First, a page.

The Utah Department of Transportation (UDOT) has announced that on January 1, 2020 the 14-mile Legacy Parkway will raise speed limits to 65 miles per hour and allow large semi-trucks to use the road for the first time since construction.
The rule change marks the end of a better, less environmentally destructive, more human-scaled highway design that many citizens fought hard to achieve. See CATALYST, April 2019: https://catalystmagazine.net/a-legacy-worth-keeping/
In 2001 Utahns for Better Transportation, the Sierra Club and Salt Lake City Mayor Rocky Anderson signed an agreement to withdraw their lawsuit opposing the highway in exchange for bike trails, dark sky lighting, no billboards, noise-reducing pavement, low highway speeds and the truck ban. The Great Salt Lake Legacy Parkway was designated as a Utah scenic byway in 2002.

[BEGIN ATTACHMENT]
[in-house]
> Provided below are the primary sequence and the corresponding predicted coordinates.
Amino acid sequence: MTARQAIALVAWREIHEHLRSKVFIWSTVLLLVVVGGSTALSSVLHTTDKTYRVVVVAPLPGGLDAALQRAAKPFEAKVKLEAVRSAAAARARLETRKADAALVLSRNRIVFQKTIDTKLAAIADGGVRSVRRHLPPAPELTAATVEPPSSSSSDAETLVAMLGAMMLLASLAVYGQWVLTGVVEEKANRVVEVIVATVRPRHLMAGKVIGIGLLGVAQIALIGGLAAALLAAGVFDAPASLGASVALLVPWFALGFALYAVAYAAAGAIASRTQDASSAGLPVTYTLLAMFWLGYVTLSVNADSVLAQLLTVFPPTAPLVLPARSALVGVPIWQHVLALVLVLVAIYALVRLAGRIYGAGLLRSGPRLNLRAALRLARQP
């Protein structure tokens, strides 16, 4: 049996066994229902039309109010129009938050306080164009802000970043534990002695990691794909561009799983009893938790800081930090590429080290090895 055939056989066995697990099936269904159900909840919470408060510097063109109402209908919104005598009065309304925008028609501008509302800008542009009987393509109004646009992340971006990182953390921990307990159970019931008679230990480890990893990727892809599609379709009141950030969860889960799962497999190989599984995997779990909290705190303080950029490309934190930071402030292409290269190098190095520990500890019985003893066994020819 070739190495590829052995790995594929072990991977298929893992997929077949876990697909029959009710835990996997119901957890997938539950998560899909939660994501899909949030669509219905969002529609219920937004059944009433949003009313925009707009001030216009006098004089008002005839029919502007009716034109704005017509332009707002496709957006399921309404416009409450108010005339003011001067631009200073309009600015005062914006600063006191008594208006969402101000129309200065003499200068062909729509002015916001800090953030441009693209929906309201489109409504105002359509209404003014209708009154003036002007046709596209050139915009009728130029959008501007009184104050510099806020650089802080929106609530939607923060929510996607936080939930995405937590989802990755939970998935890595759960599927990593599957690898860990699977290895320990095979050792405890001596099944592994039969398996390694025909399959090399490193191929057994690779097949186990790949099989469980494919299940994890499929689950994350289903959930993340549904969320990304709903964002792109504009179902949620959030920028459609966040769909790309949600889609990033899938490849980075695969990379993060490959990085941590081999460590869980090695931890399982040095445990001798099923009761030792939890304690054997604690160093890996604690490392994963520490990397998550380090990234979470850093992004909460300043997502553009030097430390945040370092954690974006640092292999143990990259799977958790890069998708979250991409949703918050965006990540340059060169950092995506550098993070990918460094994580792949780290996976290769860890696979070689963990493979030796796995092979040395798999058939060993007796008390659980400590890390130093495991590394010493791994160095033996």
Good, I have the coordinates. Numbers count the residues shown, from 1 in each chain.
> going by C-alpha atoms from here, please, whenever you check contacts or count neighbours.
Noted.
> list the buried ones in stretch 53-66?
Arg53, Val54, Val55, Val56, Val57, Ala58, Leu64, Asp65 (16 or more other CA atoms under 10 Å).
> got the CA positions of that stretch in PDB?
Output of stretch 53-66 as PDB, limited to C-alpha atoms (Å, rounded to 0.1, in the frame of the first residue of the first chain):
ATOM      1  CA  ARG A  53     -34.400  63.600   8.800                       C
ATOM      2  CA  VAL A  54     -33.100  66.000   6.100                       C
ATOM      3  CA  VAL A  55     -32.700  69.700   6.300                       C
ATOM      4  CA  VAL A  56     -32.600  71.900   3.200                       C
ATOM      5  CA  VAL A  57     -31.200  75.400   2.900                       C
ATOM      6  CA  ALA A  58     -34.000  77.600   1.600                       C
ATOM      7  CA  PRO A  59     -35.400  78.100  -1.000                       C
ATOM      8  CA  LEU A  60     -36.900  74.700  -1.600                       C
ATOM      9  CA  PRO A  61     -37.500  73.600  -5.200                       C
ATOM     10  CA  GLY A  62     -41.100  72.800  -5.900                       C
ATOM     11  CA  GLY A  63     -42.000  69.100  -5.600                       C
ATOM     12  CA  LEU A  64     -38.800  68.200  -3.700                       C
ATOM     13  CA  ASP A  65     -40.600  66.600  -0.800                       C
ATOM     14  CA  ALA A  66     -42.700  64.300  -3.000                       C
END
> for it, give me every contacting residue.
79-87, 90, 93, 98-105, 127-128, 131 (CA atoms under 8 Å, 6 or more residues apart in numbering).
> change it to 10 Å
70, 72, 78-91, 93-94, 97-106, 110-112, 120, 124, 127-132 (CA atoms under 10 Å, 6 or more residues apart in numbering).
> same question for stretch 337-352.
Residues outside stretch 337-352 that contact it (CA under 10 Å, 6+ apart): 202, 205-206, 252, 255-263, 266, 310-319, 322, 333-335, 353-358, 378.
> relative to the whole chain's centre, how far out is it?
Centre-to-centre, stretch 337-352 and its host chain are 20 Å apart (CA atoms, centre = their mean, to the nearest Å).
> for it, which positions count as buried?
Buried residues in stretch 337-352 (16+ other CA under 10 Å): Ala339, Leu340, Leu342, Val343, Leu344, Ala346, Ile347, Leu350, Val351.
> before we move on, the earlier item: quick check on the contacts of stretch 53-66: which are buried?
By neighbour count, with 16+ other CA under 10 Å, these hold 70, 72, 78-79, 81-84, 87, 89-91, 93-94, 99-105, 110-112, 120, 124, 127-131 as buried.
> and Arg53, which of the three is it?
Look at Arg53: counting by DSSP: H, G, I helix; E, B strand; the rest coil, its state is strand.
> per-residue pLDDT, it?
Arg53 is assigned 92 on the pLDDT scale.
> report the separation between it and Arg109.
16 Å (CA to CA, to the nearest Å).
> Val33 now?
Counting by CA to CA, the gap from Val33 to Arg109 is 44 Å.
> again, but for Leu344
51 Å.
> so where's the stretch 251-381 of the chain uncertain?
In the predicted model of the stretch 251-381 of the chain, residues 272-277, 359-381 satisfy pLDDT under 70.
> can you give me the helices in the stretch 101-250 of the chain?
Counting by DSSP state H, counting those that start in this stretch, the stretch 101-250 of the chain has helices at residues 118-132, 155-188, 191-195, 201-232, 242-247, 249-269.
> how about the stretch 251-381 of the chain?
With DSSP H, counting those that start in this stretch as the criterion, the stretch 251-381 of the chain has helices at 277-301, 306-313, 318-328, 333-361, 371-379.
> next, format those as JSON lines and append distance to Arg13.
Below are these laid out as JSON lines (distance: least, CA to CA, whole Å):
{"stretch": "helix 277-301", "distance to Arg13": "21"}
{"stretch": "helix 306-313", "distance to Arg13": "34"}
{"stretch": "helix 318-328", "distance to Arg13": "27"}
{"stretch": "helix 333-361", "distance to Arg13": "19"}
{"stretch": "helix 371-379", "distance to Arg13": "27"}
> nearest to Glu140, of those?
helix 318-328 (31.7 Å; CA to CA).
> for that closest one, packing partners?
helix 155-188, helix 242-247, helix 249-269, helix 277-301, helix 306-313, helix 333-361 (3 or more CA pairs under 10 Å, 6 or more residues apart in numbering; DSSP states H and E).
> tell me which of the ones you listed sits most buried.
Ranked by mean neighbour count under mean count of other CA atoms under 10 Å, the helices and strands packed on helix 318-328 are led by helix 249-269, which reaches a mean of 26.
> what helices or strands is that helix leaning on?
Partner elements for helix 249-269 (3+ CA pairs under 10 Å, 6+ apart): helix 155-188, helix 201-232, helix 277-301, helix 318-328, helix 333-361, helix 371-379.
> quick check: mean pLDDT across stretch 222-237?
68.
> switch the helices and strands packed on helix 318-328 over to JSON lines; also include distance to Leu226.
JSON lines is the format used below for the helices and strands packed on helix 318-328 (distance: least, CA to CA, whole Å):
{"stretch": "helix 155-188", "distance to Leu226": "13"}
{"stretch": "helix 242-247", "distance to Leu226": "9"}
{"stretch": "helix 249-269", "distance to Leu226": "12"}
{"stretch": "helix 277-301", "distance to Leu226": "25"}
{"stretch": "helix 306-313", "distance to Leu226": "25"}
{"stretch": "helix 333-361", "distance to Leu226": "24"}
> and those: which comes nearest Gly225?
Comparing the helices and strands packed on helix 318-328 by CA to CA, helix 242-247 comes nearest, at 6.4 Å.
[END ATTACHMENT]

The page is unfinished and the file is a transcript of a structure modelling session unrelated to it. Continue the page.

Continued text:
The Utah Legislature refused to renew the agreement and let it sunset in order to facilitate increased traffic to the Inland Port area.
It seems that after 15 years, UDOT has finally gotten their wish for a large environmentally destructive freeway cutting through sensitive Great Salt Lake wetlands and residential neighborhoods.
Corridor Management Plan, Great Salt Lake Legacy Parkway (2008): travel.utah.gov/wp-content/uploads/ Legacy-Scenic-Byway-Management-Plan-Dec-2008.pdfBe
This is an excerpt from our January EnviroNews column. View the full article here.